Technology Review

Thu, Dec 28, 2006 - Page 14

TAKE A STAND WHEN THAT NOTEBOOK NEEDS TO BE BIG

While the small size of a laptop may feel great when you have to haul it through the airport, hunching over that petite PC for hours may lead to neck aches — or hand cramps from the compact keyboard. While most laptops can be connected to a docking station or bigger monitor, the Logitech Alto portable notebook stand lets you anchor a laptop at eye level and work more comfortably at a table or desk.

The Alto includes a full-size keyboard with extra programmable keys for things like starting programs or controlling the computer's volume. A USB port is required to connect the Alto to the laptop, but a small hub built into the stand provides three more USB 2.0 ports for use in connecting other devices.

The Alto sells for about US$100 and will be available in stores next month; product details are at www.logitech.com. It works with most Windows and Mac OS X laptops weighing less than 4kg. When not propping up your portable, the Alto folds down to about 22.5cm by 43cm and less than 4cm thick. Then, unlike a desktop computer, it can be shoved out of sight.

A SIMPLE ADD-ON KEEPS AN IPOD HANGING AROUND

Yet another accessory for the iPod? Thankfully, the Hangman from Neat Products offers a clever twist.

This tiny piece of plastic connects to the synching and charging port on the bottom of the iPod and has a stainless steel link that hooks onto a belt loop or backpack.

You then wrap the slack of the headphone cable around the Hangman and let the iPod dangle in the wind. To remove the Hangman, you press a button and it pops off.

The Hangman keeps your iPod close at hand and away from the clutter at the bottom of your bag, where it can be scratched and cracked. It fits third-, fourth- and fifth-generation iPods, along with the Mini and the Nano. It is just about a quarter of an inch thick and weighs less than 15g.

The Hangman comes in black or gray and is available for US$19.95 at www.neatproducts.com.

Fans of wearable technology — if they exist — could feasibly wear a Hangman-connected iPod as a fancy medallion. It could happen.

FOR GAMES AND VIDEOS, A LAPTOP MADE TO IMPRESS

Fans of high-definition video have a friend in the Dell XPS M1710, a monster laptop that in its most expensive configuration can read and write the new Blu-Ray high-definition discs. But does that warrant its US$3,699 price tag?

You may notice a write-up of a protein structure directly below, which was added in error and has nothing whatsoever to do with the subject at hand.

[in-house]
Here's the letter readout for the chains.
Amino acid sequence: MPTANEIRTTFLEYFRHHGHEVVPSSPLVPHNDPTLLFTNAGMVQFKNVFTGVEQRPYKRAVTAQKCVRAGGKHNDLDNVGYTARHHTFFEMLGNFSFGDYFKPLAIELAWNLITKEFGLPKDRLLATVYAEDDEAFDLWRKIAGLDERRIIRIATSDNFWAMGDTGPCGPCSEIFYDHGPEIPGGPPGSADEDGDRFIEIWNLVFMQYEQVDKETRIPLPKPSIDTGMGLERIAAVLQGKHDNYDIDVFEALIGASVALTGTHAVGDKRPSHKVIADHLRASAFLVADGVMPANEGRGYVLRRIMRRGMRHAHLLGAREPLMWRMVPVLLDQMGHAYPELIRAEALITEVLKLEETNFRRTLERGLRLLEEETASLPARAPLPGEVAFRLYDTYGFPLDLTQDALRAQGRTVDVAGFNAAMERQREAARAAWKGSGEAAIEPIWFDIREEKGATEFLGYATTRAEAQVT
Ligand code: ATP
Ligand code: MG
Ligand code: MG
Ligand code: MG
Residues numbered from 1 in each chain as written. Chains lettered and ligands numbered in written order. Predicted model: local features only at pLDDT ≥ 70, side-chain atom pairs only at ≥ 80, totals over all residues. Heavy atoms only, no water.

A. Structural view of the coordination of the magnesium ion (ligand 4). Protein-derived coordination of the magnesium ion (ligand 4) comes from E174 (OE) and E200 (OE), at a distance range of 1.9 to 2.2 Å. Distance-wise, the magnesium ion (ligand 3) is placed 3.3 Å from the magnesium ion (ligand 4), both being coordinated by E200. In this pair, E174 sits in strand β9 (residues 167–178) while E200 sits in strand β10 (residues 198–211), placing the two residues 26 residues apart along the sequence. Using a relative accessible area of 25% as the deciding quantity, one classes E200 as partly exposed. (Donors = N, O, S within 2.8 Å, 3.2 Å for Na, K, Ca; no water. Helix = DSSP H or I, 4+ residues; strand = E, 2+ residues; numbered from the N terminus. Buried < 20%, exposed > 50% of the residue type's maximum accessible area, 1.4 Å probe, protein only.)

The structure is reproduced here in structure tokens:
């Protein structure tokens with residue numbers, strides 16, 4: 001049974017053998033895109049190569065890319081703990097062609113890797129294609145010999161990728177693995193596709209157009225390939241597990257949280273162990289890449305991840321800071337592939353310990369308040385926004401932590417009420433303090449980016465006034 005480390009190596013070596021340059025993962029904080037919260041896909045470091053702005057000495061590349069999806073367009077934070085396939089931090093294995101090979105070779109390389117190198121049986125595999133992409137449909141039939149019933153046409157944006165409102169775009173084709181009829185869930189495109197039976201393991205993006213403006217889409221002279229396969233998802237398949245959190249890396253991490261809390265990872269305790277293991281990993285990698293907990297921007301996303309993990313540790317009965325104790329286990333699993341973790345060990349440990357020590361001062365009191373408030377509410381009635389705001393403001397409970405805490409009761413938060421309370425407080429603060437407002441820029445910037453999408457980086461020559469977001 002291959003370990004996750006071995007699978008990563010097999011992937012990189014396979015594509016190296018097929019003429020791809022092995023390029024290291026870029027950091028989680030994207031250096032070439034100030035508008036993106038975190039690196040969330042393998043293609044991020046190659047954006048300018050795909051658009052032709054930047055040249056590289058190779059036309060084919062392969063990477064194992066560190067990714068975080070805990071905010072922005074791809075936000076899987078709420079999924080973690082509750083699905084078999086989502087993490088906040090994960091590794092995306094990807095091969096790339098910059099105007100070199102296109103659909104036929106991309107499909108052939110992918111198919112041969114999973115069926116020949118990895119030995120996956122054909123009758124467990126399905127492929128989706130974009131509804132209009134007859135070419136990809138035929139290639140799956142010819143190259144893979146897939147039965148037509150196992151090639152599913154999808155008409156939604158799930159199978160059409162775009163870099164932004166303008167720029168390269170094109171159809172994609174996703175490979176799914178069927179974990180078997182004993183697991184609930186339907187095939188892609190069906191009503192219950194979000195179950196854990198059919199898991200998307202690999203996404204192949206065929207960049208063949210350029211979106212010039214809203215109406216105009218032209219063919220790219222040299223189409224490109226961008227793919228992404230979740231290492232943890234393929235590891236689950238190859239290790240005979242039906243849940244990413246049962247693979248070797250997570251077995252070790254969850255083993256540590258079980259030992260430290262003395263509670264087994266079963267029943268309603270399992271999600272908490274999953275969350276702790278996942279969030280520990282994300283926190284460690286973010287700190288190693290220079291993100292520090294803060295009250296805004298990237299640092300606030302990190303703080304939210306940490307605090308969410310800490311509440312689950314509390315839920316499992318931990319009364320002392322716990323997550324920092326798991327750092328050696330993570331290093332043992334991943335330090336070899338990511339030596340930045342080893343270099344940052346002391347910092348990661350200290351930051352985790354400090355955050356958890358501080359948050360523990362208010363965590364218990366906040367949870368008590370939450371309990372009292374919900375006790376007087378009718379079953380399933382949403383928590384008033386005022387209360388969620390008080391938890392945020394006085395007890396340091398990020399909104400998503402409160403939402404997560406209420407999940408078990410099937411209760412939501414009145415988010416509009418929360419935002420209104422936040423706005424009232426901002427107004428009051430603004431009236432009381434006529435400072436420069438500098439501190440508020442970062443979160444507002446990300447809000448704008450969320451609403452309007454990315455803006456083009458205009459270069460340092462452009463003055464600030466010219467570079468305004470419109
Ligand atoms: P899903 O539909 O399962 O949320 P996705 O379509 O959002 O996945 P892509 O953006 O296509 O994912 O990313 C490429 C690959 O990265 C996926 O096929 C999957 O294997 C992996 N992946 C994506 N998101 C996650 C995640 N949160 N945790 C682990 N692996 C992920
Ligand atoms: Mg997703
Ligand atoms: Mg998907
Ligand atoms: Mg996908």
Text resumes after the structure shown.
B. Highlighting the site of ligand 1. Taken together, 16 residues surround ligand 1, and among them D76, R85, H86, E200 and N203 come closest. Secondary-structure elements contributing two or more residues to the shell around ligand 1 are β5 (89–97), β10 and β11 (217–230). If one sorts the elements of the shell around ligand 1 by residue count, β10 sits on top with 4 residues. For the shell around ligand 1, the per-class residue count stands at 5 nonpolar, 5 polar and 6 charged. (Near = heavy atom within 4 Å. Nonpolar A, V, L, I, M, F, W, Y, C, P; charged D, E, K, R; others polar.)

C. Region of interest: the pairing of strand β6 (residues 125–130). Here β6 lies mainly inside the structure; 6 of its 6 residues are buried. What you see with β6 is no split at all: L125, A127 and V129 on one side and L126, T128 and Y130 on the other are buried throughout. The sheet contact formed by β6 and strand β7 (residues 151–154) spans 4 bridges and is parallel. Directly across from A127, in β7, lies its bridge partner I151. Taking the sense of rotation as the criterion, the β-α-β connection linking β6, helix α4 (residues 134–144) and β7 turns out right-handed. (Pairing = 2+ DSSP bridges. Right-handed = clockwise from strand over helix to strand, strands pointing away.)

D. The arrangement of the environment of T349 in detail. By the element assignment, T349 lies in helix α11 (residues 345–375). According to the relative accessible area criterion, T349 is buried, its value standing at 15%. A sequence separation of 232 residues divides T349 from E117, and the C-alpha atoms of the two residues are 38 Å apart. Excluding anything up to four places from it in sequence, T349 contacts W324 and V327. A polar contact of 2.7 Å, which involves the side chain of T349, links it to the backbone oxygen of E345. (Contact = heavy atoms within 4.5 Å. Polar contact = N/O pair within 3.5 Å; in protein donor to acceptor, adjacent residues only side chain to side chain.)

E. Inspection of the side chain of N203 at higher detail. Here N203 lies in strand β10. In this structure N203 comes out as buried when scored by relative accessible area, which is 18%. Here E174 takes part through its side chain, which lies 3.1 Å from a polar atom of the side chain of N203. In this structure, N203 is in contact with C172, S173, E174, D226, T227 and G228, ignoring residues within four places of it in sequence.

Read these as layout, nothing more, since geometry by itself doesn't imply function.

Well, there are other high-end features in the package, including a 17-inch screen, a 2.4-gigahertz Intel Core 2 Duo T7600 processor and an Nvidia GeForce Go 7950 GTX graphics chip. A full gigabyte of memory and 80 gigabytes of hard drive space are also inside.

The laptop has an ExpressCard slot and six USB ports. A DVI-out port lets you connect this beast to an HD television.

All of that means the M1710 is almost perfectly suited to play the latest games and to play and record HD video in its full glory.

Aimed at the die-hard gamer and media fanatic, the M1710 is obviously not for everyone. At 4kg, this laptop is less portable than luggable, but its high-style features — particularly the colored lights on the brushed-metal case, which comes in red or black — will make quite an impression at the cybercafe.

FOR CRITICAL DATA, THE THUMB DRIVE THAT PASSED THE ROAD TEST

Key-chain thumb drives that pop into a computer's USB port, carrying hundreds of documents, songs or pictures, are suddenly everywhere. Their convenience and shrinking price — some sell for less than US$10 — have made them standard operating equipment for academics and businesspeople taking their homework home. But their small size and sheer ubiquity create a security hole big enough to drive a car through.

That may be what inspired a recent experiment by engineers at Kingston Technology. One backed his Nissan 350Z over the company's new Data Traveler Secure Privacy Edition to test its waterproof titanium case. It survived with the data intact, but needed a session with some pliers to mate it with a PC again.

The 7.6cm device, priced from US$53 to US$297 in sizes from 512 megabytes to 4 gigabytes, will be available at major online retailers this week. The data inside is not just password-protected but also scrambled using high-strength 256-bit encryption.

In a feature reminiscent of Mission: Impossible, an onboard 32-bit processor erases the drive if there are 10 consecutive failed attempts to log in. After the data has been destroyed, the unit can be reset and reused, but those secrets are gone.

EUROPEAN MP3 PLAYER IS MORE THAN A PRETTY FACE AND WHEEL

In the world of MP3 players, there's the iPod and then there's everything else. The TrekStor Vibez is a player that stands out even among the dozens of "everything elses" on the market.

The German-designed Vibez plays MP3 and Windows Media files and displays cover art and photos on its 1.25-inch-by-1-inch screen. The eight-gigabyte version holds about 2,000 songs; the 12-gigabyte model holds about 3,000.

What separates the Vibez from the rest of the pack are its clean lines and unusual scroll wheel. The front of the player is clad in rubberized plastic, while the back is chromed metal. The wheel actually spins, unlike the touch-sensitive version on recent iPod models, and it has a lighted marker that increases in brightness as it approaches the four cardinal points.

The Vibez generates playlists based on variables like the number of times played, and has a "cover version" feature that finds songs re-recorded by other artists.

Originally sold in Europe, the Vibez is available from online retailers. While it won't knock the iPod off its pedestal, the streamlined Vibez might just be the belle of the ball.